It was with great sadness that the international literary community learned of the passing of the British critic Mark Fisher over the weekend. (See the thoughtful note here). Fisher was best known for his 2009 book Capitalist Realism, an instant classic that sought to diagnose the new affective maladies of financialized market society.
I did not know Fisher, but due to some accidents of history, I did a lot of my early education in critical theory while participating in unusual musical projects that looked to Great Britain as a spiritual homeland. Reading The Wire, a magazine that was the bible of this aesthetic sub-world, I became a big fan of Fisher’s writing. Fisher continued his hybrid research projects at a great blog called K-Punk, which I also followed avidly. I wish I had sent a fan letter at some point, and will try to remember to tell the strangers whose writing I love that I love their writing.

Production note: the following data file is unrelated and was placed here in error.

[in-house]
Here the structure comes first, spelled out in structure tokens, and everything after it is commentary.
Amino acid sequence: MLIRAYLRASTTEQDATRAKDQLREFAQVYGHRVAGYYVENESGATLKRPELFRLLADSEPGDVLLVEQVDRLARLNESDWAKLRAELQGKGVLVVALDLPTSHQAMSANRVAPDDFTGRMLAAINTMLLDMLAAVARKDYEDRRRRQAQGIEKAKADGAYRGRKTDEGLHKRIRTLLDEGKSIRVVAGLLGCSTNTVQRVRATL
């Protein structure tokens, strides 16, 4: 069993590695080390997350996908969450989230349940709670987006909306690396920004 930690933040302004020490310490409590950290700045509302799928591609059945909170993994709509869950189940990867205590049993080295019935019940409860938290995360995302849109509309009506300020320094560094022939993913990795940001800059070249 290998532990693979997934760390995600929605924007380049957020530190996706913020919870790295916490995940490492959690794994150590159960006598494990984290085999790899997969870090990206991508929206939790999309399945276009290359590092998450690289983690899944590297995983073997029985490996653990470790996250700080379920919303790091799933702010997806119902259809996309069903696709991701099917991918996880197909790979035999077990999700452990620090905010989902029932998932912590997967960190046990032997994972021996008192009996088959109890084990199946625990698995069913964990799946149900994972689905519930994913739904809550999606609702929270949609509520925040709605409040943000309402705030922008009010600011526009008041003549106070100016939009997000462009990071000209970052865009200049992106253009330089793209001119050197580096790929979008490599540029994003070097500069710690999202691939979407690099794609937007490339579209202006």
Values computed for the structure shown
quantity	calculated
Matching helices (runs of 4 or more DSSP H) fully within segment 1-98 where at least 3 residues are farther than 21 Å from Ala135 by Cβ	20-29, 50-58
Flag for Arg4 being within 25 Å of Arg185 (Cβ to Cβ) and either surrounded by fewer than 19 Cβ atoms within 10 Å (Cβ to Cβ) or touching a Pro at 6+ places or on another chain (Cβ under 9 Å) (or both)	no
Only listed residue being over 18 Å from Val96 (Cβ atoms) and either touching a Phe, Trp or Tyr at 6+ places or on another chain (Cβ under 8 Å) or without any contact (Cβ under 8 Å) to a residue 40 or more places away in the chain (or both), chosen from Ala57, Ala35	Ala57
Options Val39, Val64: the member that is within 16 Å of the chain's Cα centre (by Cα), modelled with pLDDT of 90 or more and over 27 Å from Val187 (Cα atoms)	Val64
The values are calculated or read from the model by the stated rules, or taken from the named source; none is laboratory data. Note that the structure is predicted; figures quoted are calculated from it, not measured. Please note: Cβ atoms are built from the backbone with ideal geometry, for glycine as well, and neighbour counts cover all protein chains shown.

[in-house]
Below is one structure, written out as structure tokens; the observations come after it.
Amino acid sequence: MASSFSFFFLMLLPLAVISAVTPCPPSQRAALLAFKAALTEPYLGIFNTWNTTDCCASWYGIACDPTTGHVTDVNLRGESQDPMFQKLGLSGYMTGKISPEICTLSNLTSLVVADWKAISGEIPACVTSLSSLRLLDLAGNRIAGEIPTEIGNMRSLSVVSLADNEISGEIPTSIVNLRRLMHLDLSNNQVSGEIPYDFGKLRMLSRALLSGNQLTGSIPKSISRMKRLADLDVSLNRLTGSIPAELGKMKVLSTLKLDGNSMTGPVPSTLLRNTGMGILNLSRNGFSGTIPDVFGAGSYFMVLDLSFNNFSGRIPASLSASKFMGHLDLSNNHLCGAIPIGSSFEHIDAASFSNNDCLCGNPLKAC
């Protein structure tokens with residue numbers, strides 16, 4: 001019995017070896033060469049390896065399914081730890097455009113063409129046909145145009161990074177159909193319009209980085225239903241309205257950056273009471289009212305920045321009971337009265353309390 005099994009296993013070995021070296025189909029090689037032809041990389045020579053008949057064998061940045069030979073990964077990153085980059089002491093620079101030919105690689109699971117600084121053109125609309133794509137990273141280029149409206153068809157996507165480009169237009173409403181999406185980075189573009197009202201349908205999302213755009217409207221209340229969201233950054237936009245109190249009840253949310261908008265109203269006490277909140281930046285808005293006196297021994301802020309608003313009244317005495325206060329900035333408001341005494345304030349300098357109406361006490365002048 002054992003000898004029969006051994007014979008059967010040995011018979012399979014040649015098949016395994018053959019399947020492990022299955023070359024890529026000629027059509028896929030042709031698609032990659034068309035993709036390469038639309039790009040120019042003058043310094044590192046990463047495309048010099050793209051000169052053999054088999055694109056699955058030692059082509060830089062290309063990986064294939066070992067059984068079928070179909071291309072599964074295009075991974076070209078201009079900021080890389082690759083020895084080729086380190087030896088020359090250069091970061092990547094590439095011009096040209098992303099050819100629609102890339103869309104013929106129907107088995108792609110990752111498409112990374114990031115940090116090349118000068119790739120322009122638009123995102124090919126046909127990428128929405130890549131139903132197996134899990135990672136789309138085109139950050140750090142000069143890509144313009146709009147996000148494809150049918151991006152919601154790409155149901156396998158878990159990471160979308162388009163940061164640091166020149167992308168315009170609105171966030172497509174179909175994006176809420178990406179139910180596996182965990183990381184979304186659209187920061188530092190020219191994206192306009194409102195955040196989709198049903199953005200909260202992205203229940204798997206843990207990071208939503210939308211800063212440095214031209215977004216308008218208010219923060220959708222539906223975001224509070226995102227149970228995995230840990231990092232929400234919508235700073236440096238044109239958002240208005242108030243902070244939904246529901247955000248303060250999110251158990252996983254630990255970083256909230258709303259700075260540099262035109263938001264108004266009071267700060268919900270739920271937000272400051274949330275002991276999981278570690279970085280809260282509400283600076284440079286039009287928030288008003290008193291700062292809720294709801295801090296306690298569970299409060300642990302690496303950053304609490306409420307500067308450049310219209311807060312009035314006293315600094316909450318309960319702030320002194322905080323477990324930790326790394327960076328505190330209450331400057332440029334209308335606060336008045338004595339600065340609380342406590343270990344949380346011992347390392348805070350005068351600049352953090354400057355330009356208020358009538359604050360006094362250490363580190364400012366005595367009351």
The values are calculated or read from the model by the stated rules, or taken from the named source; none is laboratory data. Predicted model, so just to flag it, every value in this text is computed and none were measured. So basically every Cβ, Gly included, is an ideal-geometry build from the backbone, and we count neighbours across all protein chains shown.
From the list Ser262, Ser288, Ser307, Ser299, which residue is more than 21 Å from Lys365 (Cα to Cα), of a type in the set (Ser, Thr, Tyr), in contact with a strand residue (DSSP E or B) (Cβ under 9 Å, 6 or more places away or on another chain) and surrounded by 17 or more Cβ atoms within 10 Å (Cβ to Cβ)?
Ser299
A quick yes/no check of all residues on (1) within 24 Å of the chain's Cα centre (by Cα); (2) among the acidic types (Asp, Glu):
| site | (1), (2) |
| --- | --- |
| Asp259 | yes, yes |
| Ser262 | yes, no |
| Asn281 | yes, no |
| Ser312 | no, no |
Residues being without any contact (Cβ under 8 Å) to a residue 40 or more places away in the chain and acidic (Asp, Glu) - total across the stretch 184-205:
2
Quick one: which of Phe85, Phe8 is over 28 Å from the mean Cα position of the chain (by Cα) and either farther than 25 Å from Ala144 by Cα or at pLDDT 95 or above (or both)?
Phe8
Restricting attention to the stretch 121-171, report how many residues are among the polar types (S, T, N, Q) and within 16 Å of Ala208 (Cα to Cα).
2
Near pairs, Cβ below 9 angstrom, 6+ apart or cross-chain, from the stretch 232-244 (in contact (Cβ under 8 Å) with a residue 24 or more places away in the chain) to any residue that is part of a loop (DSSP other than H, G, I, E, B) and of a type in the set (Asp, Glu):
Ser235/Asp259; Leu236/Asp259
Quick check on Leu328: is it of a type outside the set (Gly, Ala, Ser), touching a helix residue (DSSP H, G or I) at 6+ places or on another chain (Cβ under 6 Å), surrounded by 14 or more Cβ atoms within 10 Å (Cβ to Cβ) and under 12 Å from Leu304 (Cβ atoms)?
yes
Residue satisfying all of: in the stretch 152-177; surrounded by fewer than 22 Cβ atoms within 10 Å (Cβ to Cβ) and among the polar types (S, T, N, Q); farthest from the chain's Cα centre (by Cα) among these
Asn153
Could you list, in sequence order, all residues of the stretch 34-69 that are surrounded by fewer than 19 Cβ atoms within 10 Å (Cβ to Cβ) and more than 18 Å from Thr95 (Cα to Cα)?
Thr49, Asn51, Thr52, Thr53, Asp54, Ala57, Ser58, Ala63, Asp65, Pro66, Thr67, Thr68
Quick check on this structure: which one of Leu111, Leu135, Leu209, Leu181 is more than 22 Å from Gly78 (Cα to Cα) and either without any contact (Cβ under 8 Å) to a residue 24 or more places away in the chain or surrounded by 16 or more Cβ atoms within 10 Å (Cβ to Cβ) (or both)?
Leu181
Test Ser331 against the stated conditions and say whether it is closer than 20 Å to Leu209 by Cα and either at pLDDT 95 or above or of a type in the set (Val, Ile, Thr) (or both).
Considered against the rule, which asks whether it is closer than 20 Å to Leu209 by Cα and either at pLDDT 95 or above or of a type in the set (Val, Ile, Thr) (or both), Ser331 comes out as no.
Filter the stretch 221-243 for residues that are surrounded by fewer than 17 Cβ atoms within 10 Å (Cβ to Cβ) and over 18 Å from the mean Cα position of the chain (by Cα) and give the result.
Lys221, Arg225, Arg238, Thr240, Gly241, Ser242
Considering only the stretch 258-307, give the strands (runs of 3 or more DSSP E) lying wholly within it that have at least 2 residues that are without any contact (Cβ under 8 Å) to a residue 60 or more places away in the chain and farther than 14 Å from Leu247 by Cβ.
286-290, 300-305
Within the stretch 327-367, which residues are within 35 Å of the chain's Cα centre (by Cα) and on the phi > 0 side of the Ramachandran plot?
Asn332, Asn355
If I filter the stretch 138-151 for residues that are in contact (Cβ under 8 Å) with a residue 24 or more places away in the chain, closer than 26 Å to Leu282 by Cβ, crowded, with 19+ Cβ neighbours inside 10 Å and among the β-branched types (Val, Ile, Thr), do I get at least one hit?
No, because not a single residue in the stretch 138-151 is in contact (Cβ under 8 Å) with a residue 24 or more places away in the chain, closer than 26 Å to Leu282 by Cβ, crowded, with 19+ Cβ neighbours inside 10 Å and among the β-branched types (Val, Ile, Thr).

I felt a special affinity with Fisher, too, because he was a left intellectual who wrestled publicly with depression, and I, too, struggle with that. Honest writers who share their reflections on mental illness are, to my mind, a special class of heroes and heroines. For those of us who negotiate with these conditions, it may be especially important to fight the impulse to secrecy and try to be public with our difficulties, standing, as we are, on the precipice of what promises to be a moment of despair and stigmatization. If there is a way for that discussion to happen here, I would like to facilitate it. In a small way, maybe, that would be a way to honour Fisher’s memory.
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